Top 5 myths in advance care planning

Top 5 myths in advance care planning

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Sponsored content National Advance Care Planning Week is coming up 23-27 March. If advance care planning is not already on your radar, now is the perfect time...

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National Advance Care Planning Week is coming up 23-27 March. If advance care planning is not already on your radar, now is the perfect time to learn more. While the topic may seem daunting, it's a good idea to get familiar with the facts. We've uncovered the top 5 prevailing myths that can sometimes discourage people from taking active control of their future health care.

1. It's just for old people

We tend to live our lives as if we are invincible, however sudden, life-changing events can happen to anyone, at any time. In fact a third of Australians will die before the age of 75. Just as you would plan for other major life events like retirement, it's worth planning your care in advance so that you are well-prepared, no matter what the future brings.

2. It's morbid

Death and taxes are the only two certainties in life, so it seems peculiar that squeamishness about dying prevails. Death is a side effect of living and a natural part of life. It's not morbid nor does it hasten death. Instead, conversations about advance care planning should be considered an important part of healthy ageing.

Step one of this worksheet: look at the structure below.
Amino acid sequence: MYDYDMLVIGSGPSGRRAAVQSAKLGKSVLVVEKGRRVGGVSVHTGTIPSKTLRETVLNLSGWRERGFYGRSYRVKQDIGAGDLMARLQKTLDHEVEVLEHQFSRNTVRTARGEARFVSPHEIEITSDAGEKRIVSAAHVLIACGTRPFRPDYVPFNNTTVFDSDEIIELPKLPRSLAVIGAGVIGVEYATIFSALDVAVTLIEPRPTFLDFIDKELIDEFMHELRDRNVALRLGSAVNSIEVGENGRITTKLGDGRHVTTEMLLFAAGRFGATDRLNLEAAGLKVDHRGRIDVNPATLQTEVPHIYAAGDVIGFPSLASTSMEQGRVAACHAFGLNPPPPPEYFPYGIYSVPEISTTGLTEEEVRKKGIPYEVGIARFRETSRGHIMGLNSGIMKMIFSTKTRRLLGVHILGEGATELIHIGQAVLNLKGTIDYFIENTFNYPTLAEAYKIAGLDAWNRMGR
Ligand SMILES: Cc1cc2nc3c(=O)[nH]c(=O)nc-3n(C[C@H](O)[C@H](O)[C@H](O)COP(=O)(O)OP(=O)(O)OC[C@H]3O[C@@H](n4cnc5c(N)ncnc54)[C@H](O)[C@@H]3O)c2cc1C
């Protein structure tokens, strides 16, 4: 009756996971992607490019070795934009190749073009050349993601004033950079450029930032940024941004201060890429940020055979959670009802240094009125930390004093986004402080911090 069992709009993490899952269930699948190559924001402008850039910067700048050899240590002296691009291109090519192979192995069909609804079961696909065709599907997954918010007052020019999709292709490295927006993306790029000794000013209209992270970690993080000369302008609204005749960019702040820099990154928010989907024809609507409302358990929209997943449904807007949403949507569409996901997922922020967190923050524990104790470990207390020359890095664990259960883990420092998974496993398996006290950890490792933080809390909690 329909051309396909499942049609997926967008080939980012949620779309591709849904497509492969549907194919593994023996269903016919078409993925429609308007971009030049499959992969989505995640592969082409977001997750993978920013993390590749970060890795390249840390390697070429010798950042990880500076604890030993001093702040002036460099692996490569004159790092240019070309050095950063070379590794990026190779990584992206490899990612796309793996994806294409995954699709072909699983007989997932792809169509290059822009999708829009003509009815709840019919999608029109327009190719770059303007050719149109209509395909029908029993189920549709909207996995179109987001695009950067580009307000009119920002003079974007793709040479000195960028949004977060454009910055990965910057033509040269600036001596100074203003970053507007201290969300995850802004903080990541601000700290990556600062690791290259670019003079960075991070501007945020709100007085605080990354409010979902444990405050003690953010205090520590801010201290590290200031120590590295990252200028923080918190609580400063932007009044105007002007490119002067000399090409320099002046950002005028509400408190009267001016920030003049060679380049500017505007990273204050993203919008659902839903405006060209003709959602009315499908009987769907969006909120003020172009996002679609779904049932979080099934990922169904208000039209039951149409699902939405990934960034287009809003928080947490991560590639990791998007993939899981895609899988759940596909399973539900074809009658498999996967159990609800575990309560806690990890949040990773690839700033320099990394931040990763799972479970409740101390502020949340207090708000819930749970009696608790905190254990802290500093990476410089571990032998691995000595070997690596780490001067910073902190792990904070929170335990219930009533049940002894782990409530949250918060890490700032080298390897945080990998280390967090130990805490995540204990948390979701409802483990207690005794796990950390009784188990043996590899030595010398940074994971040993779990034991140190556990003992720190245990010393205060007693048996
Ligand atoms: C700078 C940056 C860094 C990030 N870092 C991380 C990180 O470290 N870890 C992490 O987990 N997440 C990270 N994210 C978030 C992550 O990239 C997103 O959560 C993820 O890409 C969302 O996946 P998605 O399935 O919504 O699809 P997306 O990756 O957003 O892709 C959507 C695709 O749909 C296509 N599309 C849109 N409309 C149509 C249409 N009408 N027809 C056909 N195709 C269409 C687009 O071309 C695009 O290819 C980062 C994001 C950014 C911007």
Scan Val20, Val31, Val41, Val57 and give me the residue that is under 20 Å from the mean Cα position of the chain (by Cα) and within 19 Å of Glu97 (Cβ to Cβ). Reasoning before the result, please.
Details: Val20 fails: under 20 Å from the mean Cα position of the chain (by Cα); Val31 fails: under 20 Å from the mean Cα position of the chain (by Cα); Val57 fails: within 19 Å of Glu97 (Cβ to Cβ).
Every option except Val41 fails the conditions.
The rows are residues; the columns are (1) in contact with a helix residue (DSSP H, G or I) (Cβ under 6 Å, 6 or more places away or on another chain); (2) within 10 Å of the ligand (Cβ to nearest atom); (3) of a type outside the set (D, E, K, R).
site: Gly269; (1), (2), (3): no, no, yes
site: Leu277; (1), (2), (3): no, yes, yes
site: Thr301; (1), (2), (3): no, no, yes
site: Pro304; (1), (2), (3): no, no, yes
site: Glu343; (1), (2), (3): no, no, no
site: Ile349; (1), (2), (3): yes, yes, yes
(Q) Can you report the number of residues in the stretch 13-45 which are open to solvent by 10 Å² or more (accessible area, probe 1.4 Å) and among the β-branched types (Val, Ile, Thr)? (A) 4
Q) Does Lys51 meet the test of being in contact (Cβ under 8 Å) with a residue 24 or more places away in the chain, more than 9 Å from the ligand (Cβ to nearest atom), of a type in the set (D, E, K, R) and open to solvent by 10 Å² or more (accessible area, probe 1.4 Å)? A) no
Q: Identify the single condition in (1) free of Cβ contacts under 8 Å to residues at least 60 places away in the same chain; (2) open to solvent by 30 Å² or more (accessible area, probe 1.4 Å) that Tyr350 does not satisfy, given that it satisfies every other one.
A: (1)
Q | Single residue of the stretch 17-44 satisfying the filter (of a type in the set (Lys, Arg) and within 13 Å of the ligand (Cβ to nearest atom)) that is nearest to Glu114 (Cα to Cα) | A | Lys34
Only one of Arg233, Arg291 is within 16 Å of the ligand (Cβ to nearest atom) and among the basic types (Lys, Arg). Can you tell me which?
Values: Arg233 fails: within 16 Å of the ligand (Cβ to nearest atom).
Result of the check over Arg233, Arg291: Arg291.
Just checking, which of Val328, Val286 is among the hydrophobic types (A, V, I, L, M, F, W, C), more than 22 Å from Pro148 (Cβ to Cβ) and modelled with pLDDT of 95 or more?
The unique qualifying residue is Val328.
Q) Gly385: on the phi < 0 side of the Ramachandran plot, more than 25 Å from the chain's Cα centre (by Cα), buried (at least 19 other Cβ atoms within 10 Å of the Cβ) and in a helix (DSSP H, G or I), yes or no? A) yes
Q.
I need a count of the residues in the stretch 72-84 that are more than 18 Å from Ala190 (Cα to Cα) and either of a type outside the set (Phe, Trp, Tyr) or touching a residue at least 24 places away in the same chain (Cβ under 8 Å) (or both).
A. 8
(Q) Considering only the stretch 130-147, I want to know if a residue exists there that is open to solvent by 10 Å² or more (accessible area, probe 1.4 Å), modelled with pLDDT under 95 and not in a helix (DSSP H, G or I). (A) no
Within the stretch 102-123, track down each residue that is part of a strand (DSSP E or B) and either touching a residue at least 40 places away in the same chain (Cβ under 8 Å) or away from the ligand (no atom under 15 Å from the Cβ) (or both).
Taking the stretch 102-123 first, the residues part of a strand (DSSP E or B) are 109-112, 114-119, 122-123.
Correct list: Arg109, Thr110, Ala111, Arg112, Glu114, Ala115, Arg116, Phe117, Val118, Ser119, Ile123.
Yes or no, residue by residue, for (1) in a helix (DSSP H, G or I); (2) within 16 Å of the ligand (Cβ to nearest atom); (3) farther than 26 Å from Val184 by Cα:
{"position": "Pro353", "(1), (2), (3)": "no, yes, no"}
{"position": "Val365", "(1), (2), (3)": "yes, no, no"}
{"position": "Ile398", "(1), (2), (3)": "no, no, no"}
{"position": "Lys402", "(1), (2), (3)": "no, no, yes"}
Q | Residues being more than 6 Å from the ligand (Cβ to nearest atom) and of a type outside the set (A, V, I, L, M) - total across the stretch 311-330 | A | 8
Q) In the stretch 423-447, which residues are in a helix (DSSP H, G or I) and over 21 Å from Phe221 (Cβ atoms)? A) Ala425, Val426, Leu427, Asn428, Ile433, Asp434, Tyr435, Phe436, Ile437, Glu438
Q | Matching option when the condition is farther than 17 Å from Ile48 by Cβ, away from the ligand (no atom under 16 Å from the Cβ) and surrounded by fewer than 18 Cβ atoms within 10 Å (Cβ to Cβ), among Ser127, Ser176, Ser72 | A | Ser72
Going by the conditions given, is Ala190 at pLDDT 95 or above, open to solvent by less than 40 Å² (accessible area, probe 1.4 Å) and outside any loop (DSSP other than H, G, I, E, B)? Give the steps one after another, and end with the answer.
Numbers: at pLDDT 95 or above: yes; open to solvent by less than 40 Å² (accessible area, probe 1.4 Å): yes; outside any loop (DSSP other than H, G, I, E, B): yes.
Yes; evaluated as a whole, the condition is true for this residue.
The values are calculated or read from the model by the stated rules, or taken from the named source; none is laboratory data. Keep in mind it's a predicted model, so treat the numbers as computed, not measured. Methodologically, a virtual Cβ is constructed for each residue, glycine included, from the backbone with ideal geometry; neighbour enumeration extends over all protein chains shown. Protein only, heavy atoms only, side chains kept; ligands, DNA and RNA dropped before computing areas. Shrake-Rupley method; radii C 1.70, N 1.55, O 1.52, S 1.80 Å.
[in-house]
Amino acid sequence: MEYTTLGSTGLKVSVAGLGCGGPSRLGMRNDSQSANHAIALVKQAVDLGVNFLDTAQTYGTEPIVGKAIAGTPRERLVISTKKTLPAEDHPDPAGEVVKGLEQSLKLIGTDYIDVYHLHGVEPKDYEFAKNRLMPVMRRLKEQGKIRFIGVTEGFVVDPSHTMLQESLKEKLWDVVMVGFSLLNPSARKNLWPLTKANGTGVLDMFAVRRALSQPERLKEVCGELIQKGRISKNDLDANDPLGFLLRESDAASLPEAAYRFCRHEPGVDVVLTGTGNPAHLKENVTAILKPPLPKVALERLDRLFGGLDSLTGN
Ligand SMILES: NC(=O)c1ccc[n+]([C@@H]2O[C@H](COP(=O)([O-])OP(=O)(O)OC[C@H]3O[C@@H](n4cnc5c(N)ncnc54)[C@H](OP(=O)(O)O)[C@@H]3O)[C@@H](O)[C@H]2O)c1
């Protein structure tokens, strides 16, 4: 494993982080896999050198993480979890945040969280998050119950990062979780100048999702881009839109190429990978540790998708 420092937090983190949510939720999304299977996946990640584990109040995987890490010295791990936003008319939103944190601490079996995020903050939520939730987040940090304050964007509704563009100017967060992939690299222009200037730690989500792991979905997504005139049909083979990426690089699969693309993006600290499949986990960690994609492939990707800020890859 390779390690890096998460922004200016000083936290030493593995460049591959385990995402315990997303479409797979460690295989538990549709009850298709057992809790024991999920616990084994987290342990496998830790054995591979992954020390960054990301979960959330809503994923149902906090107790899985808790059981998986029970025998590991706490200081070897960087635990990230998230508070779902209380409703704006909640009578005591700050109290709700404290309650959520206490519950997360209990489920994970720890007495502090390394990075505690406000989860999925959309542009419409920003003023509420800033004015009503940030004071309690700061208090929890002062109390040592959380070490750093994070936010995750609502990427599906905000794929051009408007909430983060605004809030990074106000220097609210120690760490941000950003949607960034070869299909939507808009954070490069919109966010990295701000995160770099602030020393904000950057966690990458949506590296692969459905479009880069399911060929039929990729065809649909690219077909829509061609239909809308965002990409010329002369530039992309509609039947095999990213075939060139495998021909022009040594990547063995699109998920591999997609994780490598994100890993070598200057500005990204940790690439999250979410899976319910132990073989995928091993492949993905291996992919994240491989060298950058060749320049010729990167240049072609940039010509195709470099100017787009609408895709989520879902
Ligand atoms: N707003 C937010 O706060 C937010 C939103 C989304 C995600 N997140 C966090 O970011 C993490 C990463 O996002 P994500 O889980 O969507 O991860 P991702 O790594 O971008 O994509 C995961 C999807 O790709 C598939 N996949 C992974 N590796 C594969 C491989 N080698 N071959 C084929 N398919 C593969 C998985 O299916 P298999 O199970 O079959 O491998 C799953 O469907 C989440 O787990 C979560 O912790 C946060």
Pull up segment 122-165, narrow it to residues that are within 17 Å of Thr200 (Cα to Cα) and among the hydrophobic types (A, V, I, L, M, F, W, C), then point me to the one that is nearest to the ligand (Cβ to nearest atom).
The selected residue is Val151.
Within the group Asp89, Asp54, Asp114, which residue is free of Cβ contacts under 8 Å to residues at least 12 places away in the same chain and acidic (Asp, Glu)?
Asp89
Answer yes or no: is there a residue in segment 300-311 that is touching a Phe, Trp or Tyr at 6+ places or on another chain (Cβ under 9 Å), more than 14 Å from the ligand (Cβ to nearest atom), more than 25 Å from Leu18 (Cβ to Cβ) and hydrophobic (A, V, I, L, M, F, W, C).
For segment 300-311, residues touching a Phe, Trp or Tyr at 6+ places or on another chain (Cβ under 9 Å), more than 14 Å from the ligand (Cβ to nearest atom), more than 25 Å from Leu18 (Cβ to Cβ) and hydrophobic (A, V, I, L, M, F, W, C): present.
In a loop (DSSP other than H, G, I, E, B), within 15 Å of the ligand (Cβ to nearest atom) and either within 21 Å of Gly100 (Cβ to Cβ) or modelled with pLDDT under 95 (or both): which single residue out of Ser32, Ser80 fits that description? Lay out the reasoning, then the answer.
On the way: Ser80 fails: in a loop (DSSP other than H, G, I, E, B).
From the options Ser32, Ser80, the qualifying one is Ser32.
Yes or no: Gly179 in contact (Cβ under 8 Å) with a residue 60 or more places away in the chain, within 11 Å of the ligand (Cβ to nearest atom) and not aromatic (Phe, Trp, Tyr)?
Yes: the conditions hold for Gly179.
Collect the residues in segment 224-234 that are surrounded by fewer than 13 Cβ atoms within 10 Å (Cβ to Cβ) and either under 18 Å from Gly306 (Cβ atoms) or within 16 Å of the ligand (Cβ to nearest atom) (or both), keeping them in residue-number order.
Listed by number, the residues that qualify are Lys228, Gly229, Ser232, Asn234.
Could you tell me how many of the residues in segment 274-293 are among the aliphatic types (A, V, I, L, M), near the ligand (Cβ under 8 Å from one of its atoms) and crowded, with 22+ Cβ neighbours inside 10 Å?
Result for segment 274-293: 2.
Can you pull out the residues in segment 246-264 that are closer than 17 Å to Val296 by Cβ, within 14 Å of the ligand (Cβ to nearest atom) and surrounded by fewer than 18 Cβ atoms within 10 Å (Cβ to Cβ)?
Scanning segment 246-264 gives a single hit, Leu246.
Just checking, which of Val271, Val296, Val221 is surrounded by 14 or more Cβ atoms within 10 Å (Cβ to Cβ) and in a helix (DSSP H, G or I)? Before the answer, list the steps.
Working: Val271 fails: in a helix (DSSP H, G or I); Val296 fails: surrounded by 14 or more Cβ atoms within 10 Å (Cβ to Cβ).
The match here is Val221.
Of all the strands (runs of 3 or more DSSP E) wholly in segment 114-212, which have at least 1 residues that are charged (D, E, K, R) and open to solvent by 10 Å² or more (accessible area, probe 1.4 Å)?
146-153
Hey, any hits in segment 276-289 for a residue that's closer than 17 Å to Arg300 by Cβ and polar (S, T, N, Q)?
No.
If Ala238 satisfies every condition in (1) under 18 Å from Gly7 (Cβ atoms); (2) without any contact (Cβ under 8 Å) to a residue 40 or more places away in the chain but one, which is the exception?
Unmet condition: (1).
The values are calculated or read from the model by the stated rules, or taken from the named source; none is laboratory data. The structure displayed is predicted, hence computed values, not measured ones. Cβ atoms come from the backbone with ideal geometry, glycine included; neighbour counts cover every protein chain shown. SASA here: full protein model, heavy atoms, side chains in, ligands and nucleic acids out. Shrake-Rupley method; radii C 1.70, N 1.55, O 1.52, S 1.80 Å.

3. It requires a solicitor

While you can develop an Advance Care Directive with the assistance of a solicitor, it is not a legal requirement. You will however need to have the legal forms signed by a doctor, who can help you develop a plan that is clear, coherent and aligns with your values.

4. It's about dying

It may come as a surprise but writing an Advance Care Directive is one of the most life-affirming things you can do. Advance care planning is less about dying and more a powerful statement about who we are, how we want live and what we value most about living. It's also one of the most loving gifts we can offer our family and those left to make difficult decisions should we become too sick to speak for ourselves.

5. It's too hard

While advance care planning requires some thought and discussion about your values and preferences, it's less difficult that you might think. Access to the legal forms is free (though they do differ from state to state). Free personalised support is also available through Advance Care Planning Australia's free national advisory service. Call 1300 208 582, 9am - 5pm (AEST) Monday to Friday.

Get involved in National Advance Care Planning Week

National Advance Care Planning Week is happening 23-27 March and encourages Australians to consider and plan their future medical care. Visit the websitefor more information, to access a free email information pack or to find participating events Australia-wide.

Advance Care Planning Australia is supported by funding from the Australian Government.

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